The status of professional partners in the context of employment law has exercised the courts on many occasions. Are they employees, workers, or employers or, in some cases, none of the above. Is there a difference between self-employed salaried partners and employed salaried partners? From an employment perspective, probably not. Of course, the employment rights available vary from none to most, depending on which type of employment status (if any) applies.
The same issue arises in the case of members of an LLP (or limited liability partnership), who are often referred to as partners. One such member was a solicitor who worked for Wilsons Solicitors LLP and whose claim was recently considered by the Court of Appeal.
Mr Wilson became a member of the LLP in May 2008. He held the post of managing partner, as well as being the firm’s COLP (Compliance Officer for Legal Practice) and COFA (Compliance Officer for Finance and Administration).
In July 2014 the board of the LLP received a complaint of bullying made against the senior partner, Mr Nisbet. Mr Wilson investigated the complaint, reported his findings to the board and produced a report on 7 October 2014. On 21 October the board was supposed to meet to discuss the report. However, a majority of the members refused to attend the meeting. Instead, the following month, they demanded that Mr Wilson should resign. They then voted to remove him from his post. They also removed him from the posts of COLP and COFA before he was able to submit his report.
In January 2015 Mr Wilson wrote to the other members and claimed that they had repudiated the terms of the members’ agreement by their actions and he accepted the repudiatory breaches. He gave one month’s notice of his intention to leave the membership of the LLP on the basis that their actions had made continued membership intolerable.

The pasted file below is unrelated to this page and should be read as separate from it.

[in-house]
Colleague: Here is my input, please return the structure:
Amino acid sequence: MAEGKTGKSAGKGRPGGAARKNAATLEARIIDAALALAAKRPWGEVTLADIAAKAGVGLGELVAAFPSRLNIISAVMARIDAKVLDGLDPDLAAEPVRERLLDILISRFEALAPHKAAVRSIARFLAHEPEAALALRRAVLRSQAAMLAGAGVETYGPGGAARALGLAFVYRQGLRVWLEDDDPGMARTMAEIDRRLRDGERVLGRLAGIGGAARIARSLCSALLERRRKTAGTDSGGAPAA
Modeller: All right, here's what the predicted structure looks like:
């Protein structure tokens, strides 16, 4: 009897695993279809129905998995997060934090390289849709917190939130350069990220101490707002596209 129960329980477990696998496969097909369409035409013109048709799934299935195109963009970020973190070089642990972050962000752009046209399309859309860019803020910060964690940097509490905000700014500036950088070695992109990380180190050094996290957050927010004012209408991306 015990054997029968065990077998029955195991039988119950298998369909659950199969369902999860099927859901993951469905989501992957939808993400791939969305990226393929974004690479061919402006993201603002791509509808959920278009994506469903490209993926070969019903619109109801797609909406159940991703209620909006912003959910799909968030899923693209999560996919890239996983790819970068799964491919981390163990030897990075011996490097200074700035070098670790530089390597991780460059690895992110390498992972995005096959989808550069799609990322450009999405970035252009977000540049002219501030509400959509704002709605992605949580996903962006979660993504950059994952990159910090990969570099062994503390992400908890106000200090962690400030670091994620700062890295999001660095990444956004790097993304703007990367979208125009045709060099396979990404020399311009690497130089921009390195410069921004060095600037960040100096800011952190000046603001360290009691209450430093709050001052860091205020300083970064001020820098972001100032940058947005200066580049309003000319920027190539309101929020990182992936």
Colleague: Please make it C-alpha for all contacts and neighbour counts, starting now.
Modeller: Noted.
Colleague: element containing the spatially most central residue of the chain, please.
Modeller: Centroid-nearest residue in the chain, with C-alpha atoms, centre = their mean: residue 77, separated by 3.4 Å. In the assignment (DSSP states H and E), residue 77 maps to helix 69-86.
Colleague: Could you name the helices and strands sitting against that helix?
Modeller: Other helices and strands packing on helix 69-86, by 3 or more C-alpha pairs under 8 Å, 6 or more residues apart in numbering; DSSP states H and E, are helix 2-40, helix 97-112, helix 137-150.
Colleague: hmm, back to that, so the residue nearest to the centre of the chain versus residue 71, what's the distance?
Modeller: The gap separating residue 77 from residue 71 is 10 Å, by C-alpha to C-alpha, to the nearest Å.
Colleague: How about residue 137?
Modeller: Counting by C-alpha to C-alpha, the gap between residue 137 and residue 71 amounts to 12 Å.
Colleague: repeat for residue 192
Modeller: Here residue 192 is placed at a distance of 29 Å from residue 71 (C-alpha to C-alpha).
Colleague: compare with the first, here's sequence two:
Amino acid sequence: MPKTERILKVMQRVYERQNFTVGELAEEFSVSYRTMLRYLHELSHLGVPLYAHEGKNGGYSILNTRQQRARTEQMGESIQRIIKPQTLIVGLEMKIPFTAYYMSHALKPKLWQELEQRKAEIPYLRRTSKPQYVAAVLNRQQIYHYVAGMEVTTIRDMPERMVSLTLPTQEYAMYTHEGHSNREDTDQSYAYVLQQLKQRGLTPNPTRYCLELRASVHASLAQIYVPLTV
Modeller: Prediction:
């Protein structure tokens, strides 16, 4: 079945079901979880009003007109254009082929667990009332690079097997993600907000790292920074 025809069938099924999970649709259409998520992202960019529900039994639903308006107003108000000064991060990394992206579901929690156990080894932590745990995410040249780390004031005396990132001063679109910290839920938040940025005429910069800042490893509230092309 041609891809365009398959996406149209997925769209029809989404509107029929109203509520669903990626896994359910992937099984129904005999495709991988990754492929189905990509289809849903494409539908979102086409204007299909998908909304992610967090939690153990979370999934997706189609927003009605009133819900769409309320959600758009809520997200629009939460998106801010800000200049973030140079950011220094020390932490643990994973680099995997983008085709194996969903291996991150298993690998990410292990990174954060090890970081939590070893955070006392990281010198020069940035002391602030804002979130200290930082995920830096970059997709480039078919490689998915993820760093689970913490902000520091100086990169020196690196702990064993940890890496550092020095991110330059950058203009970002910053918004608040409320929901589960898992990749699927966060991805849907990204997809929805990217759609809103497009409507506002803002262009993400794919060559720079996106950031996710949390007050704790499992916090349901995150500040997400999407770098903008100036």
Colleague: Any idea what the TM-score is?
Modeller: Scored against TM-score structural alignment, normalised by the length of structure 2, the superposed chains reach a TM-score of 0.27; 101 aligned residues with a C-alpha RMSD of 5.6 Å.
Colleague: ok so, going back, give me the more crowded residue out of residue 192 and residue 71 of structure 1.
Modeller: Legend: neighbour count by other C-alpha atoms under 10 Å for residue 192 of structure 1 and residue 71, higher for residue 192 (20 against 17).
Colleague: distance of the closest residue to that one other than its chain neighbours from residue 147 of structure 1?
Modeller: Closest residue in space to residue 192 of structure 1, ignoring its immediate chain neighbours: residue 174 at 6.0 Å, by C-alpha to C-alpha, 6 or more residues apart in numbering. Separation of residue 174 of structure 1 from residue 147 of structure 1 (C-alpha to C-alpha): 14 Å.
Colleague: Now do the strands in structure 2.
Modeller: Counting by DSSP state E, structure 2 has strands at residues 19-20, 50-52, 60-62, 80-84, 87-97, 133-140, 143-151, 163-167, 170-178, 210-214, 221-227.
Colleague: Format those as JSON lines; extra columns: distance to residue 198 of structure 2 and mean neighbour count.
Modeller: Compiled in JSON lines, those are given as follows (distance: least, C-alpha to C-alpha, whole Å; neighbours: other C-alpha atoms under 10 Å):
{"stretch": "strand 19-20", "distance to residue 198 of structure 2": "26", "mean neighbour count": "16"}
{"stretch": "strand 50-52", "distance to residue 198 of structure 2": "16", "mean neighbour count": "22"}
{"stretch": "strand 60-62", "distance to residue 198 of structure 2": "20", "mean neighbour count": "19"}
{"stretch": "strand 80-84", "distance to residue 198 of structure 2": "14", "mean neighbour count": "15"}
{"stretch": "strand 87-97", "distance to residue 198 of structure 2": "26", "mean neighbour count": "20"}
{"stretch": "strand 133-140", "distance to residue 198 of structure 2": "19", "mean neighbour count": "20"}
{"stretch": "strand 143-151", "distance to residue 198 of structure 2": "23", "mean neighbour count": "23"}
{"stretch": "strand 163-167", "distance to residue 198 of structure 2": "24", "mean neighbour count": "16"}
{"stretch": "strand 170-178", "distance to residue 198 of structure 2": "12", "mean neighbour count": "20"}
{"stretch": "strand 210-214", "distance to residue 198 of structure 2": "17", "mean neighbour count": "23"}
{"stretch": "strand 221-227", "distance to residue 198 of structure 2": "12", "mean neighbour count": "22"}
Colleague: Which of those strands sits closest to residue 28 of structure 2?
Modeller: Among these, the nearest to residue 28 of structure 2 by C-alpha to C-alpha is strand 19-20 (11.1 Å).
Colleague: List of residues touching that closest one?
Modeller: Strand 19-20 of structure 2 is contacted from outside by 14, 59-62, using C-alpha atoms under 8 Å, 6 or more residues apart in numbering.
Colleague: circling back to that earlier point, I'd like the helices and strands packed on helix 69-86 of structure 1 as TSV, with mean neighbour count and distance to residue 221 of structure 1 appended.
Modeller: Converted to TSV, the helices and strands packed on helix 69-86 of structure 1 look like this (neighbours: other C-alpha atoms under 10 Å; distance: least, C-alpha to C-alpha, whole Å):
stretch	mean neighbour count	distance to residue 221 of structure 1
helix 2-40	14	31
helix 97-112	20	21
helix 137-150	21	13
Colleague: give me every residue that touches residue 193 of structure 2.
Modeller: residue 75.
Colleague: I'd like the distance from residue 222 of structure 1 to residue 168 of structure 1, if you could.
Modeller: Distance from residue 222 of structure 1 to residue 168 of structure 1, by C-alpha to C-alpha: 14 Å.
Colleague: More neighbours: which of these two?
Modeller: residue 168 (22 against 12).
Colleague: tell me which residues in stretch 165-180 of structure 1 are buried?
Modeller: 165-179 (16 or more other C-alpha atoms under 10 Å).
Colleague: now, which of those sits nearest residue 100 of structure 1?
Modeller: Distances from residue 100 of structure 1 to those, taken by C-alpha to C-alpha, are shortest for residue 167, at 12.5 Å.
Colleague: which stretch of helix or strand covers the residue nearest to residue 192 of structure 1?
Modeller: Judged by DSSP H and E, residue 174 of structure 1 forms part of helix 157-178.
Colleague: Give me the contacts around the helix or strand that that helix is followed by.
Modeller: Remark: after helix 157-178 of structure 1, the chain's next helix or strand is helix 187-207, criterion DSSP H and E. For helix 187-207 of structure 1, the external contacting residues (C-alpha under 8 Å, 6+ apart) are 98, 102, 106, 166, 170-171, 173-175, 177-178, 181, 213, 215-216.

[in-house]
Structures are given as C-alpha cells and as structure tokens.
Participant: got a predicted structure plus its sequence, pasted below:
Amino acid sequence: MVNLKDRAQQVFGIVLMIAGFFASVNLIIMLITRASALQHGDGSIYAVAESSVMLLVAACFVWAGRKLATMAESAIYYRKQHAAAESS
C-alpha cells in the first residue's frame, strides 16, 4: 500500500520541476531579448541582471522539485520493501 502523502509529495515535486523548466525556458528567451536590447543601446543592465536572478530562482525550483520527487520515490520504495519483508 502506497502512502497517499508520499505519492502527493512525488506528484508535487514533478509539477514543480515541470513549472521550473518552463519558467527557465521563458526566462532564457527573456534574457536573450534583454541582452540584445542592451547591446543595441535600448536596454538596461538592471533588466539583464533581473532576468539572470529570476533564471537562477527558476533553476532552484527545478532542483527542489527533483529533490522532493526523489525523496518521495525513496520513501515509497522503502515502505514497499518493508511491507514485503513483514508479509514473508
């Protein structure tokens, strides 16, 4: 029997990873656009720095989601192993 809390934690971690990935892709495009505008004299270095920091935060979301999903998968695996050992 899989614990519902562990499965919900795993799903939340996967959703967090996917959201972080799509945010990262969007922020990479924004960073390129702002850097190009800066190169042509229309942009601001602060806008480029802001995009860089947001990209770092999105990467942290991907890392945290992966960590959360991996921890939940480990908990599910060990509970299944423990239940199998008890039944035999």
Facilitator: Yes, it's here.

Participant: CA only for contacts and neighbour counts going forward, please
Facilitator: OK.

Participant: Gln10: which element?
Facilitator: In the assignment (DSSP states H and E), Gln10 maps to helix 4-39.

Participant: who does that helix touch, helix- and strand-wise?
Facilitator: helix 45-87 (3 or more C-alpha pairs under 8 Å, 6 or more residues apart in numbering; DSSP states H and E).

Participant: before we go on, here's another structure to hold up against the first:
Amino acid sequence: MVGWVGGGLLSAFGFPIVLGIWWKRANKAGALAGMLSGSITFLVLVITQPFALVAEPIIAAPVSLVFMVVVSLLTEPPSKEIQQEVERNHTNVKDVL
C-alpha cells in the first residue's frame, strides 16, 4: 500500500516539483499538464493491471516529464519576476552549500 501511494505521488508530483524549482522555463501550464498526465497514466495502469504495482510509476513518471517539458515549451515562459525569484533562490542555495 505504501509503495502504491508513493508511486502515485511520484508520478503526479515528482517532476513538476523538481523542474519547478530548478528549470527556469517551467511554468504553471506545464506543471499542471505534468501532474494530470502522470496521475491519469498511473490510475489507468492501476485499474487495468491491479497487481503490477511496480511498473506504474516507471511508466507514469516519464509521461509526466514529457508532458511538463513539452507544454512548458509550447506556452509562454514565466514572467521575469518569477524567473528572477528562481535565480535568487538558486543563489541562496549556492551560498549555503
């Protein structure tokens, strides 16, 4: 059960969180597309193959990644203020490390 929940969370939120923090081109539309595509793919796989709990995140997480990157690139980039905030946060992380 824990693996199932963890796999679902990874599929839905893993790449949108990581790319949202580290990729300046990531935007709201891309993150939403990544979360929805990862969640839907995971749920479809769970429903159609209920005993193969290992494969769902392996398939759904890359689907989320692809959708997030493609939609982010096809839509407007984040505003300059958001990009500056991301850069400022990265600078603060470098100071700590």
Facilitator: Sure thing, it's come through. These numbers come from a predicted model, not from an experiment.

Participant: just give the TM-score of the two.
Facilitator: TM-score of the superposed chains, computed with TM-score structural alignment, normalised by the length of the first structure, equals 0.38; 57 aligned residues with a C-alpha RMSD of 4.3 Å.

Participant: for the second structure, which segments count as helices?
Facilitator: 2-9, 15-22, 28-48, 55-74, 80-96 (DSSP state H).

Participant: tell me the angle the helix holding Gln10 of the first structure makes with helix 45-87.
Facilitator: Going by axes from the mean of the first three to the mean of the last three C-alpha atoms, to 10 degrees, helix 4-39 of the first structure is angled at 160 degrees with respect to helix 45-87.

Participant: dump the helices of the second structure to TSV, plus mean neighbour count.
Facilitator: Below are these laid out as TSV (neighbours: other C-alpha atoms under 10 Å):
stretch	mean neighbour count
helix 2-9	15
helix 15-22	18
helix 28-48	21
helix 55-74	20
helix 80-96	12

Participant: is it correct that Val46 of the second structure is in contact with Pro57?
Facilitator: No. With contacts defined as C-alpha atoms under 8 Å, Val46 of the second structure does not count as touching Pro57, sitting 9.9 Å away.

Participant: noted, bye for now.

In February the other members denied that there had been any repudiatory breaches and required Mr Wilson to return to work. He refused and in April 2015 he was expelled from the firm. In the meantime he filed a whistleblowing claim in the Employment Tribunal. He claimed compensation amounting to £3.4 million, the bulk of which was made up of future loss of earnings.
The case was listed for a ppreliminary hearing to determine whether the claim of constructive termination of membership (akin to constructive dismissal) should be struck out of the basis that it stood no reasonable chance of success. In a reserved judgment Employment Judge Salter duly struck out that part of the claim that related to termination of membership. Mr Wilson appealed, successfully, to the Employment Appeal Tribunal (EAT). Permission to appeal to the Court of Appeal was refused. However, at a further hearing, permission to appeal was granted.
In the Court of Appeal it was noted that the judgment of Mrs Justice Simler in the EAT was based on her view that an LLP member who is a worker can claim for post-termination financial losses even if lawfully expelled if those losses are attributable to the earlier unlawful detriment treatment (in the case as a result of whistleblowing). She also considered whether the losses were attributable to the lawful termination or the earlier detrimental acts. On the facts Mr Wilson “withdrew his labour because of the grave and unlawful detriments on which he relied”. Lord Justice Singh agreed with the reasoning applied by Mrs Justice Simler. The financial losses resulting from the detrimental actions were not too remote and the chain of causation was not broken by the termination of the contract. Lady Justice Hallett and Lord Justice Longmore agreed so the matter will now be remitted to an employment tribunal for a full hearing.
The case is notable for demonstrating the breadth of application of employment protection legislation. I think that most people, if asked to give a snap judgment, would have thought that Mr Wilson was in too senior a position, effectively that of an employer, to be able to avail himself of such protection. However, it is significant that he was not in overall control, as demonstrated by the actions of the other members of the LLP.
The case also serves as a reminder of how uncertain the application of employment law can be. The judgment of the employment judge showed that he thought that he was bound by a particular judgment but that turned out not to be the case. I also suspect that the firm would have approached the Court of Appeal hearing with significant confidence, particularly after being successful in the application for leave to appeal when it was initially refused.
As I indicated the case is potentially very valuable and I suspect that it may well encourage others in similar positions to take their chances.